The Six Things Your Cabinet is Not Talking About – At Least Not Enough

Higher education faces challenges on many fronts. Competition for students has intensified like never before. High school students are increasingly opting to forego college because they and their parents perceive a lack of value. Ever-growing regulations and accreditation requirements have burdened institutions with additional expenses and staffing needs that create significant financial strain. In addition to all that, concerns about political divisiveness, racial tension, environmental matters, unrest in multiple parts of the world, and general concern about what the future may hold is giving prospective students pause about how best to prepare for life in this quickly changing and uncertain time. 

Given all this, what should campus leaders be discussing regularly to ensure they can attract, retain, and graduate students? Well, as a starting point, we think the following things are critical for senior leaders to discuss regularly:

  • Enrollment growth alone won’t solve your problems.

We can’t tell you how many colleges are absolutely convinced that if they hit their enrollment goals (let’s save the discussion about the realism of those goals for a later date), then they will be just fine. There’s a simple way to look at this and a much more complicated way, so let’s stick with easy. If inflation is 2% a year, how realistic is it to think you can increase revenue by 2% every year? Now, consider the current cost of higher education and add the aberrant inflation of the last couple years and ask the question again.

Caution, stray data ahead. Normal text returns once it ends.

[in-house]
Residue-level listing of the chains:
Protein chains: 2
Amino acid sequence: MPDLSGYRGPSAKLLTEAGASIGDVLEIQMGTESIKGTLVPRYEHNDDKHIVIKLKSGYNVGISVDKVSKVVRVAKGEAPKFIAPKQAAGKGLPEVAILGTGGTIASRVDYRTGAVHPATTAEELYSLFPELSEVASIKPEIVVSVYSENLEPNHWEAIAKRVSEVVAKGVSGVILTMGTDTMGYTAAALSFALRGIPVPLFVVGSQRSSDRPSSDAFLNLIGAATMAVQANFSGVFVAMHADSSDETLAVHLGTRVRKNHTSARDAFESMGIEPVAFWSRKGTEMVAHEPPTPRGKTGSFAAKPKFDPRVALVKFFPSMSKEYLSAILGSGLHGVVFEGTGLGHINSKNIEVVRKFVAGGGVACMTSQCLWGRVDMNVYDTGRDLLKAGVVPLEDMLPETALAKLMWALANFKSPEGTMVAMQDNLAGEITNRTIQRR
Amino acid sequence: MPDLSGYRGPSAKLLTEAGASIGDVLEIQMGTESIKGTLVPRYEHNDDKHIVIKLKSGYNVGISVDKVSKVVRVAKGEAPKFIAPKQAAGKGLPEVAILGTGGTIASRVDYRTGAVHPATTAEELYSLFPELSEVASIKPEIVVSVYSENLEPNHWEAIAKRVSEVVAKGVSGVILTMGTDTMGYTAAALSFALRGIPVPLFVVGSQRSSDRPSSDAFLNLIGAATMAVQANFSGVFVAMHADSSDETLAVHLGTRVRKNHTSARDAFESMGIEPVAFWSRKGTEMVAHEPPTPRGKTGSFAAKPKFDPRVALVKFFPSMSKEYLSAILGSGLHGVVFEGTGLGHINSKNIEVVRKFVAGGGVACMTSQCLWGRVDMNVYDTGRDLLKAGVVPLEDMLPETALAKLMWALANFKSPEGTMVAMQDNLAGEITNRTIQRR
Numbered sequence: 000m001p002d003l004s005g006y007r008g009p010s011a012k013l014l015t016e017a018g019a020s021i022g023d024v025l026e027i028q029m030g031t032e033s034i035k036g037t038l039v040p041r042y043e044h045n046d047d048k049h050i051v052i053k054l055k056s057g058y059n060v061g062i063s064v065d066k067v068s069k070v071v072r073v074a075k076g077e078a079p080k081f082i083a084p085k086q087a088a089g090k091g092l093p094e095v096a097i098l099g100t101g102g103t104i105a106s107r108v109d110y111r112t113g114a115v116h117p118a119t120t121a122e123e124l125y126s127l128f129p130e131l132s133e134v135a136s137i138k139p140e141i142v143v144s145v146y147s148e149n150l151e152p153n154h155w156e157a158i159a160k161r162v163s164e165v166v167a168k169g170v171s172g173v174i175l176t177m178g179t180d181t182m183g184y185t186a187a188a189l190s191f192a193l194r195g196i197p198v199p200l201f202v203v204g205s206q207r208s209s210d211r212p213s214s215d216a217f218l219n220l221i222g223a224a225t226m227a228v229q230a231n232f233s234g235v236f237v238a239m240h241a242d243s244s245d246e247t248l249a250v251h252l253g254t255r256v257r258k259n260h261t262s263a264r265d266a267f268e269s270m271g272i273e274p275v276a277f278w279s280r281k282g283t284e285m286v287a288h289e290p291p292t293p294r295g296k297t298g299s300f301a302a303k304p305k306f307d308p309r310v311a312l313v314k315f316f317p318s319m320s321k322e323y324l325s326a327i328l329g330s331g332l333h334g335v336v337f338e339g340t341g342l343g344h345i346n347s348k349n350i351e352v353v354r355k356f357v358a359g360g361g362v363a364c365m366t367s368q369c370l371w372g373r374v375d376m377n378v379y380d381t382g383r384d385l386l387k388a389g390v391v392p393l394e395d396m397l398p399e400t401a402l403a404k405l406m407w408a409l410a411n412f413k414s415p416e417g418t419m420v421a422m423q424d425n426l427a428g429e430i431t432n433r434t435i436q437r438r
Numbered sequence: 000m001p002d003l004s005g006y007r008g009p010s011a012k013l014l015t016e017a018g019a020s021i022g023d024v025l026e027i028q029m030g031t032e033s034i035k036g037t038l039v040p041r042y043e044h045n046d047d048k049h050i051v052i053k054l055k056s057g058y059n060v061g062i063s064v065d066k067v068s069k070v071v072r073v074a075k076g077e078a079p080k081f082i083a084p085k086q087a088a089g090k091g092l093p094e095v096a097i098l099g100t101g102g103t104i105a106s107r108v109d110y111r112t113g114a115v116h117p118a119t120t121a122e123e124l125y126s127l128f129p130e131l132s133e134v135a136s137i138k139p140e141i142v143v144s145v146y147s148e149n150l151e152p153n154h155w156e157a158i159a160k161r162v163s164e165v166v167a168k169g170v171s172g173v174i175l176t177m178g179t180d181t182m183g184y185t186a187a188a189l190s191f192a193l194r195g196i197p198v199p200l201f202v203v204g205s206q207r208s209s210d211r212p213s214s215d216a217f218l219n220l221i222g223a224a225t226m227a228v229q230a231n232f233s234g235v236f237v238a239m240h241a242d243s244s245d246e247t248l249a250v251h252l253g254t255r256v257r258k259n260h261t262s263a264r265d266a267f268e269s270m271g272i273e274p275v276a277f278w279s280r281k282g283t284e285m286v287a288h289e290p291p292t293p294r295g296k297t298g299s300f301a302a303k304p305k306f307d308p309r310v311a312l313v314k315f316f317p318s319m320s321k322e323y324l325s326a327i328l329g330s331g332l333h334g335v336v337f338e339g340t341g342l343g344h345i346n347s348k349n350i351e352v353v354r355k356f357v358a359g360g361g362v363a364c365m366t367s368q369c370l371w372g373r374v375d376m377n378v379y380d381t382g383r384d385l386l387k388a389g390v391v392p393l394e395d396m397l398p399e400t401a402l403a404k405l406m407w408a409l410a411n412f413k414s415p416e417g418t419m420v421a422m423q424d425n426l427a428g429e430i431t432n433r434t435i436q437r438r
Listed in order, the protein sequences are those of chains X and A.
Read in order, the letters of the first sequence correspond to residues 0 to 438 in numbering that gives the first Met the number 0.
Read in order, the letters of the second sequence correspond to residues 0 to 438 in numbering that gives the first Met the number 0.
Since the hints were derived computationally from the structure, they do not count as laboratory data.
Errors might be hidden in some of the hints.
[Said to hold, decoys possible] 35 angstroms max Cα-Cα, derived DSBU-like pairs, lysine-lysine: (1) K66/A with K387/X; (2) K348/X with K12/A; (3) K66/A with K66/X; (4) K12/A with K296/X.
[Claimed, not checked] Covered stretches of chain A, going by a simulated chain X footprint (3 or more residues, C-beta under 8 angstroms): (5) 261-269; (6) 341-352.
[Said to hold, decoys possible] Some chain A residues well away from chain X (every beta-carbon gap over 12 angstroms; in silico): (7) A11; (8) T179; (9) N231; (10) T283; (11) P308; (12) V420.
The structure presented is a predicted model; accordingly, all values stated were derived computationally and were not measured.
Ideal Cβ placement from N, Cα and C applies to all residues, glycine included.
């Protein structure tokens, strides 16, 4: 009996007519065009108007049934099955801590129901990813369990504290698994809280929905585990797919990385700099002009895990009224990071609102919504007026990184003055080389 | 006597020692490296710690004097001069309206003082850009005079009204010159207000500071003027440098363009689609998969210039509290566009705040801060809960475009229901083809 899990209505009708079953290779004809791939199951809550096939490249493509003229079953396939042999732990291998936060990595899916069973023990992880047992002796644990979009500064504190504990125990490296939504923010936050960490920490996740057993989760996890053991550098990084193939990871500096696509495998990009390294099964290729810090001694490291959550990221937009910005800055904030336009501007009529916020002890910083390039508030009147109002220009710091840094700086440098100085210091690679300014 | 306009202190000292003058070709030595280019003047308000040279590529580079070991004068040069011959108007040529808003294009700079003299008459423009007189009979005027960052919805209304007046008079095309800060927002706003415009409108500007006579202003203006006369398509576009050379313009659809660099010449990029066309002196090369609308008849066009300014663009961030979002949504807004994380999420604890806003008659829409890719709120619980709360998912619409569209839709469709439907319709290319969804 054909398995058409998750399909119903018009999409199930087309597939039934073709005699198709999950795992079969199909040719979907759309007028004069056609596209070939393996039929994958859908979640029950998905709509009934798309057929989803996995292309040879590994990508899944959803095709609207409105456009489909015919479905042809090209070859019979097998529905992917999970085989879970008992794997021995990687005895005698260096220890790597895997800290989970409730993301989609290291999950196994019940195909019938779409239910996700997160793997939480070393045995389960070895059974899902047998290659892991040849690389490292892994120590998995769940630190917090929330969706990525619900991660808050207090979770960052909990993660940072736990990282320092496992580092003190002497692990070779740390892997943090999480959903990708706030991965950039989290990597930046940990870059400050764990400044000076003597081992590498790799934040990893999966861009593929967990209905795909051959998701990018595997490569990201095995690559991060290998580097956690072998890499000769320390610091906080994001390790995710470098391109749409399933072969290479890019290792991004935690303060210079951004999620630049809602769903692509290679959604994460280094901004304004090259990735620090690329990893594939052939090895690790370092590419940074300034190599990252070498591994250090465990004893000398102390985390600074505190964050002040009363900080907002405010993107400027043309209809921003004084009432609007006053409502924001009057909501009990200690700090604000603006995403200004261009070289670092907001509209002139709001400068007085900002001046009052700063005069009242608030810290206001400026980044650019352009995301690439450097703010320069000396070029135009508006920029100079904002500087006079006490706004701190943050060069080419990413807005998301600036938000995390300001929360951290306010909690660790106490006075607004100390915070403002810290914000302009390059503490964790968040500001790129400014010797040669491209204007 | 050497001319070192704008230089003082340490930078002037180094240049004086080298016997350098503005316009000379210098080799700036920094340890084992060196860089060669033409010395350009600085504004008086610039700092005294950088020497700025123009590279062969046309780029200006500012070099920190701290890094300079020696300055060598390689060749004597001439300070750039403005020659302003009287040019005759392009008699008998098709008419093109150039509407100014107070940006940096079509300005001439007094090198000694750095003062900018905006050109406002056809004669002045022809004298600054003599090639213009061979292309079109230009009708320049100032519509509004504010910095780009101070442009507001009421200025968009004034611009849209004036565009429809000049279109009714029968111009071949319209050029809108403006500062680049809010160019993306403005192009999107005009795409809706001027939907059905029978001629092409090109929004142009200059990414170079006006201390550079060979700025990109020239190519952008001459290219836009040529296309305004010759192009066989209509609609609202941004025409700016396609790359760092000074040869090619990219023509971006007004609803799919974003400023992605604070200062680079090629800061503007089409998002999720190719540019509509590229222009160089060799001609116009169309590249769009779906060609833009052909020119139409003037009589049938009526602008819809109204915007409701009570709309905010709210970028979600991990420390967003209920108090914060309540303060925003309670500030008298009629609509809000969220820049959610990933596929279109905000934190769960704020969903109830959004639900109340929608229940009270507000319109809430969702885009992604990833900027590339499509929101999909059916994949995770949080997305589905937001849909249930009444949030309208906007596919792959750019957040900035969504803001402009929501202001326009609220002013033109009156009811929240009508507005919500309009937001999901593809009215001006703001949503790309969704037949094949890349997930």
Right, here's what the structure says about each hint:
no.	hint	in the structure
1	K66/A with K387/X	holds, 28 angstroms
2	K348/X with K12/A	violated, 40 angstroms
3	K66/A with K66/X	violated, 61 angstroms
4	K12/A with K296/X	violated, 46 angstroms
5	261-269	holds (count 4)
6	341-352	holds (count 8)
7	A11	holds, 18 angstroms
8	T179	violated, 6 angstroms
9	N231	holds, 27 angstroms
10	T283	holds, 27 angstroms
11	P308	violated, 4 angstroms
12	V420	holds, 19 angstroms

Let’s run through the starter list of factors beyond inflation that inhibit annual growth: demographics, speed to creating and delivering new programs, declining perceived value of higher education, students’ increasing needs of for services/amenities that cost money, ever increasing technology requirements/upgrades, facility improvements regularly needed to deliver programs/services, worldwide economic concerns, etc.

In addition to the starter list, employees want/need annual raises to be at or above the CPI every year to minimally keep pace with inflation. Let’s pause there for a moment to do a quick check in about your campus. Are employees regularly leaving in search of greater pay and advancement? Which companies and industries in your town have entry level salaries above what you’re paying custodial staff, facilities personnel, administrative assistants, or even admissions counselors? Is there an understanding among senior leaders that the front line staff and middle managers are critical to retaining students?

You need to be talking about so much more. Read on.

  • Student needs won’t decrease after your “pandemic classes” graduate.

Time for a little truth telling. Student mental health issues and lack of academic preparedness were present during the Trump, Obama, Bush, Clinton, Bush, Reagan, Carter, Ford, Nixon (well you get the point) administrations. Talk to your most senior faculty and claims of academic unpreparedness have been present since the Washington administration. The pandemic accelerated these issues and society demands, at least in the case of mental health, that we acknowledge it. 

So, all those resources you’ve been pouring into mental health counseling and academic support won’t fade as vaccines become better and better at keeping the germs from multiplying on our campuses. Like COVID, we need to learn how to live with it. Better yet, we need to confront it and collectively learn how to support our students as never before.

Today’s students aren’t unintelligent or weak or lazy. The issues they bring with them to college are real and won’t just go away if ignored. Do we partner with them on how to confront and overcome their issues or do we ignore them to save money? Even the best vaccines aren’t foolproof. One size does not fit all. The students’ needs are real and with us forever. If we want to retain and graduate students, we need to meet them where they are and help them get to where we want them to be.